The ‘stress’ we feel watching our team on the cusp of a championship or playing its arch rival isn’t like other stress, and doesn’t compare with outright fear.  Win or lose, everyone walks away having represented their communities well.  We love watching sports, communing over food and games and making plans to do it again.  When we fall victim to old biases—racial biases—we allow ourselves to be afraid.  We allow fear of the unknown, the unfamiliar, to get the better of a rational mind and override impulses that guide us through sporting events.  We allow a news story or political speech to affect how we see one another, to overtake the power of our shared humanity.  Life must be about the lives we all hope to live together, not the lives we hope to live in spite of each other.  Life must be about what we can do beside each other.

Arun Chittur is a graduate of The Mountainview Low-Residency MFA in Fiction and Nonfiction. He currently teaches organizational leadership and pedagogy in Nevada.

Hidden Voices

by Arun Chittur


“Your story matters … because everyone’s story matters,” challenged my instructor as I struggled through my last MFA workshop.  I’d heard that before, and always agreed.  Yet I denied the idea for myself, convinced instead that one must have “expertise” before sharing any part of themselves.  I wonder now if such an argument is meant to reinforce the need for more heady discourse, or to discourage those voices deemed unnecessary to a larger, more dominant narrative.

In my last days as a student, two sentences into this post, a notification appeared on my screen.  It was a news headline I would have ignored, except for two words: “shithole countries”.  The President of the United States had asked a meeting of legislators, “Why are we having all these people from shithole countries come here?”  As a critical reader in the post-2016 media era, I assumed (hoped?) that the headline was overblown.  Fabricated.  Extrapolated obnoxiously out of context.  Something had to be missing.  Then I watched Rupert Colville’s response as spokesman for the United Nations High Commissioner for Human Rights.  Then several members of Congress.  Several citizens of Johannesburg and Nairobi.  The President singled out Haiti, El Salvador, and “African nations,” apparently expressing preference for immigrants from Norway.  As one cable news anchor put it, “… people from Norway, with Nordic descent.  White people, in other words.”  I fought through a series of emotional responses, most of which have become second nature in the previous 12 months.  Of those, a standard passivity was replaced by a rush of anger.  I expect comments like this now, comments dividing the worlds of white and otherwise, European and otherwise, “Normal” and otherwise.  I could have dropped back into acceptance and moved.  That would have been easy.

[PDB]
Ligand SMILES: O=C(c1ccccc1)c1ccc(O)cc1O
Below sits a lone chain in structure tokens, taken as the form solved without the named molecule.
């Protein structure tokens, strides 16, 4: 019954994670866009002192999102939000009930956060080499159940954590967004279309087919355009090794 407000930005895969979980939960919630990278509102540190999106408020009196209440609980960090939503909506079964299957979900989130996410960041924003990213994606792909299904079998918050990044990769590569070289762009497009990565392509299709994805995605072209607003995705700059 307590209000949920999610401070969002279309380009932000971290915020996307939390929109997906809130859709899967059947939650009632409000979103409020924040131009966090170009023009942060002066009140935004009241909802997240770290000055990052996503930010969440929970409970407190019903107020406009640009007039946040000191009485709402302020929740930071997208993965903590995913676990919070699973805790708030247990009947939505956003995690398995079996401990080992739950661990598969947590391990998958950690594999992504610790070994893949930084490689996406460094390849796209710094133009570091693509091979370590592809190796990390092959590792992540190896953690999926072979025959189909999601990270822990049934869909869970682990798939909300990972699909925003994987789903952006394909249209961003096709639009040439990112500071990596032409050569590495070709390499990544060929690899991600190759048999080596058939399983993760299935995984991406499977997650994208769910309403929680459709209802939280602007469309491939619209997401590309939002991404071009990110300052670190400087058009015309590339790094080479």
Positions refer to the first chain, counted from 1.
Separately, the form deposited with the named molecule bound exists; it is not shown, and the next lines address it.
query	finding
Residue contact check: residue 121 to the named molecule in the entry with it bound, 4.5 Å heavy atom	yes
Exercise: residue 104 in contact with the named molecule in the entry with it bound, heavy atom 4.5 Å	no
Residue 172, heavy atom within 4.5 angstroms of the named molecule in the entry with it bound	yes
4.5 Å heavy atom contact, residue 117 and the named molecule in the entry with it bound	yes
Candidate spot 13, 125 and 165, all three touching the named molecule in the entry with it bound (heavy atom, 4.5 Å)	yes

What comes to mind when you think of a “shithole”?  Large urban areas stricken with poverty?  Whole families living in one-room dwellings without access to clean water or reliable food sources?  Or perhaps rural areas so cut off from the world that the newest car you can buy was made when Eisenhower was president?  Where every scene in the big city looks not like New York in 2018 but 1968?